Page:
That's why you want to keep your URL easy to read and keyword rich.
Remember that it's a computer viewing your page, not a person.
Be as clear as possible.
2. Put The Keyword In An H1 Tag (In The Beginning)
You should almost always only have one h1 tag on a page, and it should be your title. To tell Google what your post is about, you should include your keyword(s) as close to the beginning of the title as possible.
Take this title from one of our posts as an example.
Google will know exactly what this page is about because the keyword phrase is in both the URL and in the beginning of the title.
3. Include your keyword in an h2 tag (a subheader).
Although experts don't believe this factor is as important as it once was, it's still helpful to include your keyword in at least one h2 tag on your page.
An h2 is just a subheader like this.
You don't need to go and. put your keyword in every single h2, but try to get it into one.
4. Include your keyword in the first 100 words.
Again, Google is trying to figure out what your page is about as quick as possible. Another way to help that process is to include your keyword as early on in your post as possible.
The current best practice is to include it within the first 100 words of your page.
5. Include your keyword a few times throughout your post.
While keyword density isn't nearly as imortant as it once was, you should sprinkle the keyword throughout your post a few times to give the search engines an idea of the topic of. the page.
Try to make it sound as natural as possible.
If you try to stuff your pages with keywords, you're likely to penalized.
6. Include your keyword in your meta description.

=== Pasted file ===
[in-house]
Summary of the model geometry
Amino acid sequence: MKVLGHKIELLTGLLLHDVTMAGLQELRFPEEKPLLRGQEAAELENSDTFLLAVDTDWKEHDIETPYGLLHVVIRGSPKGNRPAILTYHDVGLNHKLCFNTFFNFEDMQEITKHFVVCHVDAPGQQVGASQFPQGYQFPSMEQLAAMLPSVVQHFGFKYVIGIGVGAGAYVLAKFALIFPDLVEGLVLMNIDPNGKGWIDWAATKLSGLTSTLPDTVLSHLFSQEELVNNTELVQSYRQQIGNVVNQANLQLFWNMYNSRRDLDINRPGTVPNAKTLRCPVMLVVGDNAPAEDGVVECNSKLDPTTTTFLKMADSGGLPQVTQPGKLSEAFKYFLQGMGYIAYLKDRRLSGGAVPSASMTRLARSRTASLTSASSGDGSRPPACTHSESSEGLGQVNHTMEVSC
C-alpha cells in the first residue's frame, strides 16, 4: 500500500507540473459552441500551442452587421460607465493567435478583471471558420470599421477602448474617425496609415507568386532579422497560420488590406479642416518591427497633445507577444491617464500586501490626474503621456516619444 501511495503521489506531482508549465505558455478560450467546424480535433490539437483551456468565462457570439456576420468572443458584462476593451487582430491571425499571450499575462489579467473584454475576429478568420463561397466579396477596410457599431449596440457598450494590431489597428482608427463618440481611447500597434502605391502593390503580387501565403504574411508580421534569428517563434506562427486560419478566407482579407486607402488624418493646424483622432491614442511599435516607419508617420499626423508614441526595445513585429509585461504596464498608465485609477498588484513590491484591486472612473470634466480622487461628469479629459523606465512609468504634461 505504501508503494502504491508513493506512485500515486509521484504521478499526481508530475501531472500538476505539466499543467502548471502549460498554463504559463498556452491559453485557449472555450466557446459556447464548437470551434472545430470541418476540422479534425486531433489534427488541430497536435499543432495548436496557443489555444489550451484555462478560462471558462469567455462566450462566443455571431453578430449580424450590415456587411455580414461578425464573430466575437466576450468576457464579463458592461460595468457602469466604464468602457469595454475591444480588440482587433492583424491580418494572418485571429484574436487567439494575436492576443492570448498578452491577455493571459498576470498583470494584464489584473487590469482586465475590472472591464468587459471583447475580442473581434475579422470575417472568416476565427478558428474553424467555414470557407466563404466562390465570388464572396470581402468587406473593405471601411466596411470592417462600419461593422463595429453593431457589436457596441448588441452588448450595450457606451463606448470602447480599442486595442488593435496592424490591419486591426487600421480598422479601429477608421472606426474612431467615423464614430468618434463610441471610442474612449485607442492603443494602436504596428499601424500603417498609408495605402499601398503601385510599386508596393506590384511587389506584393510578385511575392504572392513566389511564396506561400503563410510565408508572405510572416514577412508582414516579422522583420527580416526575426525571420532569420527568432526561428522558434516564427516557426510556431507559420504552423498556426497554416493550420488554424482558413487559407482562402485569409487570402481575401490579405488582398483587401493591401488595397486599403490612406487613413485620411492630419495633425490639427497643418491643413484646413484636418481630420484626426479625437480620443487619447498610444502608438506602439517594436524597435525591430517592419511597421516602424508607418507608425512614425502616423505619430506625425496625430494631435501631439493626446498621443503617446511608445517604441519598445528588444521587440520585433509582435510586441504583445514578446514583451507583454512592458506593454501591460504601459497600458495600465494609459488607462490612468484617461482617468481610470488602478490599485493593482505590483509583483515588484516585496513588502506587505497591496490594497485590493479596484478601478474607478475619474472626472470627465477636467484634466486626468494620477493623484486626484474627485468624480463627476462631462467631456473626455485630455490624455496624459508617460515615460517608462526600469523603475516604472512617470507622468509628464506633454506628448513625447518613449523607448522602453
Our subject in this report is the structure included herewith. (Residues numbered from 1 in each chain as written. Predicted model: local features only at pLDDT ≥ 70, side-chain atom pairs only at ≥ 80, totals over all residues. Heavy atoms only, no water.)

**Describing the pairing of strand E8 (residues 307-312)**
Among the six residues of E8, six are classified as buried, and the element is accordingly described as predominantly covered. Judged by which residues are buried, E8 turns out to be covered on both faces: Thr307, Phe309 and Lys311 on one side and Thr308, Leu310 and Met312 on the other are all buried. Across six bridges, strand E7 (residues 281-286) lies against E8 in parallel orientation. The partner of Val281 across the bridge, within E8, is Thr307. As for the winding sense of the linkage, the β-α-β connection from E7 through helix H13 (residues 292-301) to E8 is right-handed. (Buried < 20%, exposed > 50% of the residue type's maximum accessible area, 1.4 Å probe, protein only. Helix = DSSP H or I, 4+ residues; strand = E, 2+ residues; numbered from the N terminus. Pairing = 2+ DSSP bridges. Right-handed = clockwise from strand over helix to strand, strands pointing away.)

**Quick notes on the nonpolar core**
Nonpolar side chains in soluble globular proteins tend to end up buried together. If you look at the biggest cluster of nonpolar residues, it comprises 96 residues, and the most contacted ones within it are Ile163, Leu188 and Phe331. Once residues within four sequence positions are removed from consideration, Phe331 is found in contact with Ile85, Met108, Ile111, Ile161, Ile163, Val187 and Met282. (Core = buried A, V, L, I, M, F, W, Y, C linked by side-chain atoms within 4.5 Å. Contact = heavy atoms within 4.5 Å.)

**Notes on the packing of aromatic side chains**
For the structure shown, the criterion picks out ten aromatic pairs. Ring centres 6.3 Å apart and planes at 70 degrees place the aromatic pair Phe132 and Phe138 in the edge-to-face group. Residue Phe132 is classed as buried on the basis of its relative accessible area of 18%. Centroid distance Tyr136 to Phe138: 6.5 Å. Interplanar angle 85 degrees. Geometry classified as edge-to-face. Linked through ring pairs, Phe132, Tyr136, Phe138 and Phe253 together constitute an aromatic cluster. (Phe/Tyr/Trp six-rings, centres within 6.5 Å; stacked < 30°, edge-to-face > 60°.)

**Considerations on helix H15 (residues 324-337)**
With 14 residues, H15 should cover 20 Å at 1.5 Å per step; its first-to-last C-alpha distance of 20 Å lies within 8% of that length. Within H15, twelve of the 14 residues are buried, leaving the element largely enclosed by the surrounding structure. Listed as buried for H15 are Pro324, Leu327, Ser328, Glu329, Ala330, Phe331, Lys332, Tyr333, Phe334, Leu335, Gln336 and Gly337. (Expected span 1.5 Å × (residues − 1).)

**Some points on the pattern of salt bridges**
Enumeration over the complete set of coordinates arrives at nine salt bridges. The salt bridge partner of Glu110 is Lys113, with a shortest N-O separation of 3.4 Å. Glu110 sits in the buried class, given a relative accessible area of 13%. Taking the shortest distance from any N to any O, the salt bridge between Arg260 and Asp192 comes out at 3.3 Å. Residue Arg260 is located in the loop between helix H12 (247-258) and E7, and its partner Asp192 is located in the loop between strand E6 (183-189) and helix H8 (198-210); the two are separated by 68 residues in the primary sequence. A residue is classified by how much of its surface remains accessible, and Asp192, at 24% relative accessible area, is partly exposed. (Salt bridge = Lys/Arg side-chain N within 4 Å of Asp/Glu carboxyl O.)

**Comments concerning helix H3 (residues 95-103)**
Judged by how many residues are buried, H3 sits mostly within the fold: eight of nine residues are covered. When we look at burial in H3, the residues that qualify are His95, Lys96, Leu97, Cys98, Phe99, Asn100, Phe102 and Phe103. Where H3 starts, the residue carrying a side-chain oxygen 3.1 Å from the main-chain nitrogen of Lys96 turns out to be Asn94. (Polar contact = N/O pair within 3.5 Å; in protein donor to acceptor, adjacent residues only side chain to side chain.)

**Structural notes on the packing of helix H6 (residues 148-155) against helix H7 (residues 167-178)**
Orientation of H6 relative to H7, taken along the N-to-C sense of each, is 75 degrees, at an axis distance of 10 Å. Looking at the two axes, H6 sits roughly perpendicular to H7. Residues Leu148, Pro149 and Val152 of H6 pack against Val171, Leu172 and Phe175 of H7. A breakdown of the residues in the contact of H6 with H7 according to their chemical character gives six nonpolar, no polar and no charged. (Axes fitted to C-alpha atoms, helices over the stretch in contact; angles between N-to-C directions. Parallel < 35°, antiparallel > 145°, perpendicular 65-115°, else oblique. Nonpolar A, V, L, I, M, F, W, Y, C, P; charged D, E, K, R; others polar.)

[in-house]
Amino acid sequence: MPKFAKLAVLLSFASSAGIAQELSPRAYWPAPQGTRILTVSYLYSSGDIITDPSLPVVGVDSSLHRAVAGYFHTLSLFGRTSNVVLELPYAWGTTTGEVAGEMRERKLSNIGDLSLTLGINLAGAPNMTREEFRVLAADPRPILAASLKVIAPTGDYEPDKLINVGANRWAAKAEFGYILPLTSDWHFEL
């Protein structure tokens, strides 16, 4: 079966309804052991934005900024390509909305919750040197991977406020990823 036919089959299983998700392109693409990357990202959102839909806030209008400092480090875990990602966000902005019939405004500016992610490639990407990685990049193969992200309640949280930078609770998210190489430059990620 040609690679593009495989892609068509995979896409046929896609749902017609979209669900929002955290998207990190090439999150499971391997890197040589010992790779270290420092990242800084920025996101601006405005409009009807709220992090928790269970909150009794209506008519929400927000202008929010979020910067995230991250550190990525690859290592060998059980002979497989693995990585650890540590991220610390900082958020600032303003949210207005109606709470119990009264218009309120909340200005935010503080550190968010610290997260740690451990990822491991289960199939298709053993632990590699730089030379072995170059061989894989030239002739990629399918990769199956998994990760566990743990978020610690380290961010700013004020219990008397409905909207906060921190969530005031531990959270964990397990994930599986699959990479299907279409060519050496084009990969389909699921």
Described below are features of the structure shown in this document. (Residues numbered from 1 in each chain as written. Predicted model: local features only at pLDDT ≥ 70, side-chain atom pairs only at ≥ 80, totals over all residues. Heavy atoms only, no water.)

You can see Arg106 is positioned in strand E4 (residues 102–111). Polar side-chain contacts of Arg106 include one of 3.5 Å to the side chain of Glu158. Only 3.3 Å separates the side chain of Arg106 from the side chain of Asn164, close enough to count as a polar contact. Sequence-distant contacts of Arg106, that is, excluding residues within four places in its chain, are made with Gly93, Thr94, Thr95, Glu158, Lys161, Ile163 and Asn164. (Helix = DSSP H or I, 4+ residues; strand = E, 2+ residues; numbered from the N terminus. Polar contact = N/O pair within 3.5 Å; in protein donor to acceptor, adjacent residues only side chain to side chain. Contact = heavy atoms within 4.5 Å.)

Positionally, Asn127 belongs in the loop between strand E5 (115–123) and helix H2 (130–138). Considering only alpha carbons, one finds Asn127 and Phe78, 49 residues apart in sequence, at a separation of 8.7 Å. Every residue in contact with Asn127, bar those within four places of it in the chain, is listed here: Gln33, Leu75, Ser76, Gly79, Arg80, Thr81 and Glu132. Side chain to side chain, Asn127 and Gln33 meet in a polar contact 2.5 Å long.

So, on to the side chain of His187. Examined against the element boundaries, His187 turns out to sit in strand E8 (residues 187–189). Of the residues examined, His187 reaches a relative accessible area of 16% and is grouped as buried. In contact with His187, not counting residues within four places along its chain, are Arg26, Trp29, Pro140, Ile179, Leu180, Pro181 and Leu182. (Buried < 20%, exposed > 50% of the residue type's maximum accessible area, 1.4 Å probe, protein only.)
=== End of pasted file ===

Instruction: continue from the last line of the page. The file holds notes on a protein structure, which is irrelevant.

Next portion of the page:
The meta description is the text that Google displays beneath your page title in the search engine to give users an idea of what the page is about.
You should always include your keyword in the metadescription.
It should sound as natural as possible because this is another opportunity for you to get the click over other results.
7. Use internal linking.
Internal linking just means linking to other pages within your website.
When you link to other pages on your website in a post, you accomplish three important things:
- You show how your page is related to other pages.
- You pass authority to your other pages.
- You keep people on your website longer
You should have at least 3-5 internal links in every article.
8. Add external links.
In addition to internal links, you should also link to other reputable sources to show the search engines that you've done your research.
While linking to other pages may take people away from your content, it ultimately makes your website more authoritative and trustworthy.
9. Make sure external links open in new tabs.
When someone clicks one of your external links, it's important that you have your website set to have that page open in a new tab.
If it opens in the same tab, people are likely to forget about your page and never return.
10. Add at least one image.
Google values user experience, and an easy way to improve user experience is to include images, videos, and GIFs in your posts. You need at least one image, but Jeff's recommendation is to aim to have an image for every 100-150 words on the page.
You can also include your keyword in the file name as an extra signal to Google.
Because search engines can't yet understand what an image is, you need to help them with words.
11. Add alt tags to the images.
Speaking of helping search engines understand pictures, you also need to ad alt-text for every image on your page.
Doing so tells the search engine what exactly the image is. Bonus points if you can include your keyword.
12. Write At Least 1,000-1,500 Words Per Post
Search engines want to send people to highly valuable content, and content that's really short typically isn't viewed as being that valuable.
While some tools will recommend at least 300 words, you should actually aim for around 1,000-1,500 words per post to show the search engine that you're providing real value.
You don't have to go up to 5,000 all the time, but sometimes it may be necessary depending on your topic.
13. Use bullet points to help people scan the text.
Always remember that search engines value people spending time on your page. One way you can make that happen is by making your text easy to read and scannable.
Bullet points are one of the easiest ways to do this.